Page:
Are You Really Ready to Buy Your Next Home?
But are you really ready to buy?
The very first step in your homebuying journey should include getting pre-approved for a home loan. Without a pre-approval, you’re highly unlikely to get a seller to seriously consider your offer. And that means you could miss out on the home of your dreams!
As part of this process you’ll likely hear your bank, or your mortgage broker, talk about the “Five Cs” of credit. Let’s take a peek at those and see how they impact your ability to get approved for a mortgage loan.
The “Five Cs” of Credit
The “5 Cs” are:
Let’s take a look at how and why each of these elements are so important.
In the good old days, before intricate credit scoring models were the norm (and, frankly, life was a lot simpler!), borrowers often received loans based on their character. Reputation often played a big role in whether a loan was granted.
Today, character is often measured by your credit score. This 3-digit number reflects the information in your credit reports, and is an estimate of your ability to repay a loan, based on:
- Your payment history (do you make payments on time)
- The total amount of debt you owe
- How many accounts you have (credit cards, student loans, auto loans, etc.)
- Your debt-to-income ratio
- The types of credit you use (loans, credit cards, lines of credit, retail accounts)
- How long you’ve used credit (and if you’ve used it responsibly)
The average credit score is 725, and the higher the score, the better. Borrowers with higher credit scores will be able to receive better interest rates than their lower-score counterparts. Most conventional loans require a minimum 640 credit score; FHA and VA loans require at scores of at least 580. While you may be able to get a loan with low credit scores, you will pay a higher rate for your loan.
It’s a good idea to regularly check your credit reports. Credit Karma offers free credit reports from two of the major consumer bureaus.
Capacity is based on your financial ability to repay the loan and is usually measured by income and employment.
Lenders may factor stability into the mortgage equation; as a result, borrowers with significant time in their jobs – or fewer jobs in their work history – may be perceived to be more stable.
Your debt-to-income ratio (or DTI) will play a significant role in determining capacity. The lower this ratio, the better. Average ratios are in the 36% – 38% range.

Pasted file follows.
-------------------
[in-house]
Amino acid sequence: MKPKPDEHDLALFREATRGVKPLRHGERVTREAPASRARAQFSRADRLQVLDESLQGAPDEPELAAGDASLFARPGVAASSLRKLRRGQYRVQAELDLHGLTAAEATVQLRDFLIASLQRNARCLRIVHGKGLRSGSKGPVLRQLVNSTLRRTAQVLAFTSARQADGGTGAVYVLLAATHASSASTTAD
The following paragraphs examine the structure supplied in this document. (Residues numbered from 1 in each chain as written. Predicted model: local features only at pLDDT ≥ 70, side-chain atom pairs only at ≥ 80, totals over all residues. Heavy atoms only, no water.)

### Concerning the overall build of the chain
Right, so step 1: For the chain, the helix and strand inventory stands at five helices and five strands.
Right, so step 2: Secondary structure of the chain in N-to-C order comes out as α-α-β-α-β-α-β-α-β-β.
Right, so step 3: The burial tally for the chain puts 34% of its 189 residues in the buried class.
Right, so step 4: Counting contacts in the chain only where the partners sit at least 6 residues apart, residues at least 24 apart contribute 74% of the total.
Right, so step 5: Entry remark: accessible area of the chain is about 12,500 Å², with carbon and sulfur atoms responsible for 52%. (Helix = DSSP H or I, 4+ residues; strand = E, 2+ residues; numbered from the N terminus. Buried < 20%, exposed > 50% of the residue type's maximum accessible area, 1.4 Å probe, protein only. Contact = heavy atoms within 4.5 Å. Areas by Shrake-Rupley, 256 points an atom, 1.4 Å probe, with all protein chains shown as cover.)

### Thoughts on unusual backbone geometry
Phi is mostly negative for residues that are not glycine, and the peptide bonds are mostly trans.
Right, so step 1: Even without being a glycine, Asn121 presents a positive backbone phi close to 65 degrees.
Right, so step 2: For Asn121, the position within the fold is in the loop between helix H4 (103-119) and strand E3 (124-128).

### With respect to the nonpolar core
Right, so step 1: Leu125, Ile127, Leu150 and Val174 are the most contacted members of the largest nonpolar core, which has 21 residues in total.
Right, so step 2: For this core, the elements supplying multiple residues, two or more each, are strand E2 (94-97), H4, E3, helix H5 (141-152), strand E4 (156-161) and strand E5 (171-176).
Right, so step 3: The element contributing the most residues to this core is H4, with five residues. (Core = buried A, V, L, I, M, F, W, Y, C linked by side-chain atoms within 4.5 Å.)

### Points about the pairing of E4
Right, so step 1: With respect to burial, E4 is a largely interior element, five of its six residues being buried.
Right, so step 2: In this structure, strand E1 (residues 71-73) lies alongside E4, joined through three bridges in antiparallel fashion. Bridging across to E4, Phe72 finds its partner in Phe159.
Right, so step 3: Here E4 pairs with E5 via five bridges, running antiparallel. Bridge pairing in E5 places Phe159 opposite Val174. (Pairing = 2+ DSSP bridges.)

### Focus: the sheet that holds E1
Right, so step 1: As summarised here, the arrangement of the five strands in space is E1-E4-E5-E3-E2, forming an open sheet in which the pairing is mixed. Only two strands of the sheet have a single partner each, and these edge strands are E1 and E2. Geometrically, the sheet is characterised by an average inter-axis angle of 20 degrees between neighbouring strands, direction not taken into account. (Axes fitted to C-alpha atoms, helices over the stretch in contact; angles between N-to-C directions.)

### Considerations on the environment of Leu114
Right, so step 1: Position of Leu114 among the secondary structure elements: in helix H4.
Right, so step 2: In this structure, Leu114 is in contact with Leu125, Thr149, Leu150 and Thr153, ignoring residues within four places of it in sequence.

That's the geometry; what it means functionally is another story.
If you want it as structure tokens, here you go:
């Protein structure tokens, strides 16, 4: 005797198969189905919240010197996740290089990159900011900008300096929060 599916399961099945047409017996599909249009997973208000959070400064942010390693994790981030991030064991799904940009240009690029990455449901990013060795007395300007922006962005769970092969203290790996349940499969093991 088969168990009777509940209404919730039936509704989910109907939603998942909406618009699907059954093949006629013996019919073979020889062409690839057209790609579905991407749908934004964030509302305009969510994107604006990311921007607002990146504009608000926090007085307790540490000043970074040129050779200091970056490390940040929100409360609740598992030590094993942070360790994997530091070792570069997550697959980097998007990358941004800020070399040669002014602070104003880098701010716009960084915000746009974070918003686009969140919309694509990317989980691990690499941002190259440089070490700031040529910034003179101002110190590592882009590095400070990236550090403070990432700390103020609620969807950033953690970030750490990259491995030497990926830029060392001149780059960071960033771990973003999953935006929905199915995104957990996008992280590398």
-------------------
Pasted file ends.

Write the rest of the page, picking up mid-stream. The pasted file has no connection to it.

To calculate your DTI, add up all your monthly debts. This includes payments for credit cards, loans, and other obligations (such as alimony and insurance). Then divide that amount by your monthly pre-tax income. The result will be your DTI.
If your debt-to-income ratio is off-balance because you have too much debt compared to your income, it may mean you will qualify for a smaller loan amount.
The money that’s left after you buy a home, along with any investments, other properties, and assets you can liquidate quickly is your capital.
Many buyers wonder why capital is important. Although your home is likely the largest single purchase you’ll make, lenders don’t want to see you left with no reserves after you buy a home. The cash cushion that capital creates is your personal “shock absorber” – and could be essential if your home needs unexpected repairs, if you suffer a job loss, or you are unable to work for a period of time due to illness.
When you’re planning your home purchase, remember the down payment is only a portion of the funds you’ll need to have on hand. Be sure to plan for additional capital. When interviewing banks and potential mortgage lenders, be sure to ask how much money they want you to have available to meet their guidelines.
Simply put, collateral secures a loan. When that loan is for a home, the collateral is almost always the home itself. The lender is depending on the value of the collateral in the event a borrow defaults on a home.
This is one reason lenders typically require a home appraisal (and often, a home inspection) prior to granting a mortgage. They want to know that the value of the home will support the mortgage in case the buyer can’t make their payments and they’re forced to take the home back.
While the other four C’s relate to your personal situation, the fifth C – condition – is focused on external factors.
These can run the gamut from mortgage rates, the local real estate market, the cost of living, and the general economy.
Lenders may be more willing to lend money at more favorable rates when the market is ticking up … and lending restrictions can tighten in a “down” market. Your agent can help you understand whether you’re looking in a buyer’s, seller’s, or neutral market.
Cleaning Up Your Credit
If you find problems on your credit report, it’s a good idea to get started today on fixing them, even if you’re not planning on purchasing right away.
Even a single issue on your report could take as long as 30 days to correct. Don’t wait until you’ve found a home you love to start the credit repair process. At that point in time it might be too late!
Buying with Confidence
Knowing the five Cs of credit can give your confidence a huge boost (and could mean money in your pocket!).
Use the five Cs to help you prepare, help you negotiate, and help you end up in the South King County home of your dreams!
Need a referral to a great mortgage lender? Let us help! We have long-term relationships with excellent lenders, and would be happy to connect you. Just contact us at 253-246-8938 or firstname.lastname@example.org to get started.
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